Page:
US President Donald Trump has declared that a deal to de-escalate the trade war with China was imminent but Beijing remained coy on Friday and cautioned that any agreement must be "mutually beneficial."
Reports Washington and Beijing had struck a bargain at last -- subject to approval by US President Donald Trump -- sent US stocks sailing to their first record closes of December.
"Getting VERY close to a BIG DEAL with China. They want it, and so do we!" Trump tweeted in a markedly optimistic tone on Thursday.
But Beijing declined to confirm a possible signing of a "phase-one" deal on Friday.
"We always adhere to the principle that consultation must be based on equality and mutual respect, and the agreement must be mutually beneficial and a win-win solution," Chinese foreign ministry spokeswoman Hua Chunying said at a regular briefing.
In a sign that tensions remain high between the two powers, Foreign Minister Wang Yi said Washington was "suppressing" China across a number of fields, including the economy, trade and technology.
Speaking at a symposium on international affairs in Beijing, Wang said the United States has "seriously damaged the foundation of hard-earned trust between China and the US."
Washington has angered Beijing by backing Hong Kong's pro-democracy movement and criticising China's mass detention of mostly Muslim minorities in the northwest region of Xinjiang.
Trump's flagging of a trade breakthrough comes ahead of new tariffs planned to take effect Sunday and also just as he is almost sure to become only the third US president to be impeached.
With his 2020 re-election battle heating up, Trump is keen to seize the political initiative and show voters his punishing struggle with China has brought results.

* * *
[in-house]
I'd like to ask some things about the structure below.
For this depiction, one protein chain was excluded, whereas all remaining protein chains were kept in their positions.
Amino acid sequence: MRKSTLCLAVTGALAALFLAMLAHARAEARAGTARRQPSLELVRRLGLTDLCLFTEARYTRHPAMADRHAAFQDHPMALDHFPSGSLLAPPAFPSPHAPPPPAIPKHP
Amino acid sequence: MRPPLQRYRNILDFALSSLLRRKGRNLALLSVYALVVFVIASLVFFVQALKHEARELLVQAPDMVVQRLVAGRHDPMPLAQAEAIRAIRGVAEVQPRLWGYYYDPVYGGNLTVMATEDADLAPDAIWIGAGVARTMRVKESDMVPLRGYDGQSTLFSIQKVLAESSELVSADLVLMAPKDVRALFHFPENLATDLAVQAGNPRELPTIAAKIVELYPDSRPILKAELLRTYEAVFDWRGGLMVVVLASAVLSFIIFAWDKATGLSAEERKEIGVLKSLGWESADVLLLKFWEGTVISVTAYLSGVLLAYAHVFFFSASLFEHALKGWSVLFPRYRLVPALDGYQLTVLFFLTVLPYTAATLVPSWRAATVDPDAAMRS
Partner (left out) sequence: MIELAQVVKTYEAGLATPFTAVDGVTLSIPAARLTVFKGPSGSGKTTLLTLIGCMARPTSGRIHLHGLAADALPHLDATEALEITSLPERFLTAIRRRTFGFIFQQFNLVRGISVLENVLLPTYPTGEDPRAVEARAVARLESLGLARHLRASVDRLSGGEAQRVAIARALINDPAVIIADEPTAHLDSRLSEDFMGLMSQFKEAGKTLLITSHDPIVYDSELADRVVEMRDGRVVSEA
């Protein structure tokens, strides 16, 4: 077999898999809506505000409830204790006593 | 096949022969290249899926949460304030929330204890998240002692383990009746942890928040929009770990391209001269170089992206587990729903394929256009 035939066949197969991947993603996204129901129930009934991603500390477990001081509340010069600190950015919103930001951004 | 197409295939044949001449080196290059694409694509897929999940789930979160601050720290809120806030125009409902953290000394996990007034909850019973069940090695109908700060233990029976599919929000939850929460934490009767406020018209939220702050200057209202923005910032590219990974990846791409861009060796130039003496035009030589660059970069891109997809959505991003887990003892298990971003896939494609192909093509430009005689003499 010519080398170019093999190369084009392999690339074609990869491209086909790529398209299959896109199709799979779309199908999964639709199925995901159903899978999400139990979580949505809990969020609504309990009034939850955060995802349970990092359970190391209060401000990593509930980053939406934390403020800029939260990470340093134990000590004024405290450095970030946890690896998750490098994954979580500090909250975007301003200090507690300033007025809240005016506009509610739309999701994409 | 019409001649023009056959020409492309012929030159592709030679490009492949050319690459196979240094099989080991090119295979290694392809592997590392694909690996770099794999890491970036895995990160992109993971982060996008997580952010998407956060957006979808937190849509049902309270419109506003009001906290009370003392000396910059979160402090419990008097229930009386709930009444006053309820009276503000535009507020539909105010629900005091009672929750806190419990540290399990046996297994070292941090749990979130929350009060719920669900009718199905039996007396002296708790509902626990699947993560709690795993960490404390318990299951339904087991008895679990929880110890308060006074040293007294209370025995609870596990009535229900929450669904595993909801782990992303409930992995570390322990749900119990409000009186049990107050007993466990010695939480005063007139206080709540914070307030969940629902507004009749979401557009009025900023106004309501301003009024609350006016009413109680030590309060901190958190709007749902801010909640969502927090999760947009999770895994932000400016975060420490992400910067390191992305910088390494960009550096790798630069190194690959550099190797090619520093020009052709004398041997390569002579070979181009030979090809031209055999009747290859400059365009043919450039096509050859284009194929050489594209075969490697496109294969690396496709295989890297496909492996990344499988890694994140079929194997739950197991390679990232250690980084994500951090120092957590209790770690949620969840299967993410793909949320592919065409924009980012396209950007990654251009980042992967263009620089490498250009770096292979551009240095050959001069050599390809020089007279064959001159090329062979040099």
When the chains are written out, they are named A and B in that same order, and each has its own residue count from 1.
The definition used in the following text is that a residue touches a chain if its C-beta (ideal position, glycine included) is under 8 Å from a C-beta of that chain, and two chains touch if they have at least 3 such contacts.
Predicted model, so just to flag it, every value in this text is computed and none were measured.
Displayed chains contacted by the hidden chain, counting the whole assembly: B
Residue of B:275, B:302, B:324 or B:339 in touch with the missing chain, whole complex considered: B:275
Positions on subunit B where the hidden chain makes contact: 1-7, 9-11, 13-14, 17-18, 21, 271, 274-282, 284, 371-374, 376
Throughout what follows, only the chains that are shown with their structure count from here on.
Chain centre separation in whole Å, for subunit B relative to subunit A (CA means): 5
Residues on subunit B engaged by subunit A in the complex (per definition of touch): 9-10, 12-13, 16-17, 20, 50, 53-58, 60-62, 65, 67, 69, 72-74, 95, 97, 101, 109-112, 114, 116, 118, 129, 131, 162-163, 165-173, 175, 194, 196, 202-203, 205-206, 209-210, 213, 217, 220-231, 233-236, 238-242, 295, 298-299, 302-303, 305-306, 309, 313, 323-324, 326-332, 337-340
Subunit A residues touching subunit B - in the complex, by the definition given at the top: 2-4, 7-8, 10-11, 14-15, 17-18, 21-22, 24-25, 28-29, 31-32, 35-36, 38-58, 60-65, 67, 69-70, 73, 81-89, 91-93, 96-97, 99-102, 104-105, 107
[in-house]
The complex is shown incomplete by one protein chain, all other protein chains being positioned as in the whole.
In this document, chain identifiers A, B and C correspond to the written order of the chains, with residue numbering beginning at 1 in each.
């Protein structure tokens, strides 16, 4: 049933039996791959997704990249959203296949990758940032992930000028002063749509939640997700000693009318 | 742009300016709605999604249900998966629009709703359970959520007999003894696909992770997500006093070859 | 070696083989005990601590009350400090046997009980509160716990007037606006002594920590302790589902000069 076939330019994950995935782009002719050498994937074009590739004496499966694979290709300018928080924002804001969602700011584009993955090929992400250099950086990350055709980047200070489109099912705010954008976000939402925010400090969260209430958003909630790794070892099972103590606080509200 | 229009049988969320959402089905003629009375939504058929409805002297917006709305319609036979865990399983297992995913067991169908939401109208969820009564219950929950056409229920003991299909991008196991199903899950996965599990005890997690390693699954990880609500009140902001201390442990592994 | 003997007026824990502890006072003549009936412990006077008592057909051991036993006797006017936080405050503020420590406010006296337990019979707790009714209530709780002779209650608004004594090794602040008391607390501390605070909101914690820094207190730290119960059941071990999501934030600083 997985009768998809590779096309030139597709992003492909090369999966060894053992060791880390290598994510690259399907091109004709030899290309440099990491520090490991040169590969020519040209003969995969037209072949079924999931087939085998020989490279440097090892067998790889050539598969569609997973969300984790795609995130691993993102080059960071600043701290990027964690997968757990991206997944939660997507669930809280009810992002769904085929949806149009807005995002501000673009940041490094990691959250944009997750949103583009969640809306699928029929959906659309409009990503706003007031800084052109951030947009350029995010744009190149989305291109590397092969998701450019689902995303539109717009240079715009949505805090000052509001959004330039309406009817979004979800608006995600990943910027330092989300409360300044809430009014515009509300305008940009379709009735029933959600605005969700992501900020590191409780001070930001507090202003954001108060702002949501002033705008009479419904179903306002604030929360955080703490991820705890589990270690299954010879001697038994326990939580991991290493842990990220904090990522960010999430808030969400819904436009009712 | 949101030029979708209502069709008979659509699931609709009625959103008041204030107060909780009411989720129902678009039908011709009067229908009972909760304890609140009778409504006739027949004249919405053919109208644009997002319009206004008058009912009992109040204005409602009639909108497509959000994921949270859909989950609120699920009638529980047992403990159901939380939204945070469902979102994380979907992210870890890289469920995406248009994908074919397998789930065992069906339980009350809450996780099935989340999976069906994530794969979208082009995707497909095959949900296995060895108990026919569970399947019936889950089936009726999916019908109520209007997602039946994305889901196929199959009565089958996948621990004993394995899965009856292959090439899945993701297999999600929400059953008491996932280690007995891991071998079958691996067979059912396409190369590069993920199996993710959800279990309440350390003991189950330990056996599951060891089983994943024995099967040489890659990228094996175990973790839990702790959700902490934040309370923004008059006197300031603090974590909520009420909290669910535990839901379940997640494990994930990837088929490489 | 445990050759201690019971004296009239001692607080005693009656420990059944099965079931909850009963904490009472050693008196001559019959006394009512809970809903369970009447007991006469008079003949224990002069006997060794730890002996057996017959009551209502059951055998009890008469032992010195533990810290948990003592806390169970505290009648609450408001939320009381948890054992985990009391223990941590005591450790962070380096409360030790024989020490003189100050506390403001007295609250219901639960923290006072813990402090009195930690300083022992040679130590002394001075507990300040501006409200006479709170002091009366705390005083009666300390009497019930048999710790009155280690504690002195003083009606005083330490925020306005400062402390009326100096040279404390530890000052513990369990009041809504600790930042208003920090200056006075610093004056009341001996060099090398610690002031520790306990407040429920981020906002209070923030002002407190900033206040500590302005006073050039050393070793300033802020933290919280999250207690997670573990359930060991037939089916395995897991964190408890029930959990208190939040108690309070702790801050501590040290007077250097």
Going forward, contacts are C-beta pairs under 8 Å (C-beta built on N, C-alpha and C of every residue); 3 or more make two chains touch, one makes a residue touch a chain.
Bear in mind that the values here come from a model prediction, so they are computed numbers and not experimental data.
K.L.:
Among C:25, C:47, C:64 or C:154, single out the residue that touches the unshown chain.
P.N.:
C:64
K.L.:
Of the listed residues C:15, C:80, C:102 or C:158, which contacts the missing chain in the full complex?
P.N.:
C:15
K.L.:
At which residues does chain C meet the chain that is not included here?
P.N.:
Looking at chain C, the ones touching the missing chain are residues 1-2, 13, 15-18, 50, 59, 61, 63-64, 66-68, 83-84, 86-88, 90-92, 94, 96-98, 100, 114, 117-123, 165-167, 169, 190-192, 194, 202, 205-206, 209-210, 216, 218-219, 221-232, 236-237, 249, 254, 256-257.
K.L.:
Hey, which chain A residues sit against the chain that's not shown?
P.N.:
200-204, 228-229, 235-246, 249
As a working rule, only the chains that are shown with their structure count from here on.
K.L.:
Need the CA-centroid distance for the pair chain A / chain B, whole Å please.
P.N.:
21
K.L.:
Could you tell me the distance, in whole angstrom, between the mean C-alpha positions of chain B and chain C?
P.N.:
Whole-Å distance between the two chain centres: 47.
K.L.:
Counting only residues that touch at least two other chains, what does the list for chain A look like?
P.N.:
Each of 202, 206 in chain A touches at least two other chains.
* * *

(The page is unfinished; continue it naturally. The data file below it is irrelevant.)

The US ultimately wants China to open its vast economy to more goods and to conduct sweeping reforms of what Washington has long called systemic abuse against foreign investors.
Recently though, White House officials have indicated they would settle for less in a so-called "phase one" deal.
The Washington Post reported that Trump had signed off on a swap of tariff reductions in return for China spending USD 50 billion on US farm goods, tightening its intellectual property protections and opening its financial services markets.
The paper cited Michael Pillsbury, a China expert at the Washington-based Hudson Institute it said had been briefed by Trump, and an unnamed senior administration official.
Plans for an official announcement had not been nailed down, the daily said, adding that the administration does not intend to seek congressional approval.
In addition to existing tariffs, Trump had threatened to impose a 15 per cent levy Sunday on around USD 160 billion of Chinese exports, including popular US consumer goods like electronics and clothing.
China had previously said it would respond with a 25 per cent tariff on US autos and a five percent tariff on auto parts -- levies that were suspended earlier this year as a goodwill gesture.
According to The Wall Street Journal, the US side is offering to scrap the threatened Sunday tariffs and also cut existing duties imposed on about USD 360 billion in Chinese goods.
Trump's overall goal with China and a keystone of his presidency, is to uproot what Washington says are Beijing's predatory trade practices, including forced technology transfers and massive intellectual property theft.
Trump himself has blown hot and cold, repeatedly insisting that China needs a deal more than the United States does.
At the end of November, he said he was in the "final throes" of negotiations, but days later he spooked world financial markets when he said "I have no deadline" for a resolution.
The intense talks, involving multiple meetings in Beijing and Washington, were further complicated by tensions over the pro-democracy uprising in Hong Kong.
Trump, somewhat reluctantly, signed a law passed with overwhelming congressional support in November that backs the Hong Kong demonstrators.
Beijing responded that the law was "abominable" and "sinister," but ultimately appeared to have little in the way of counter-measures.
(This story has not been edited by Business Standard staff and is auto-generated from a syndicated feed.)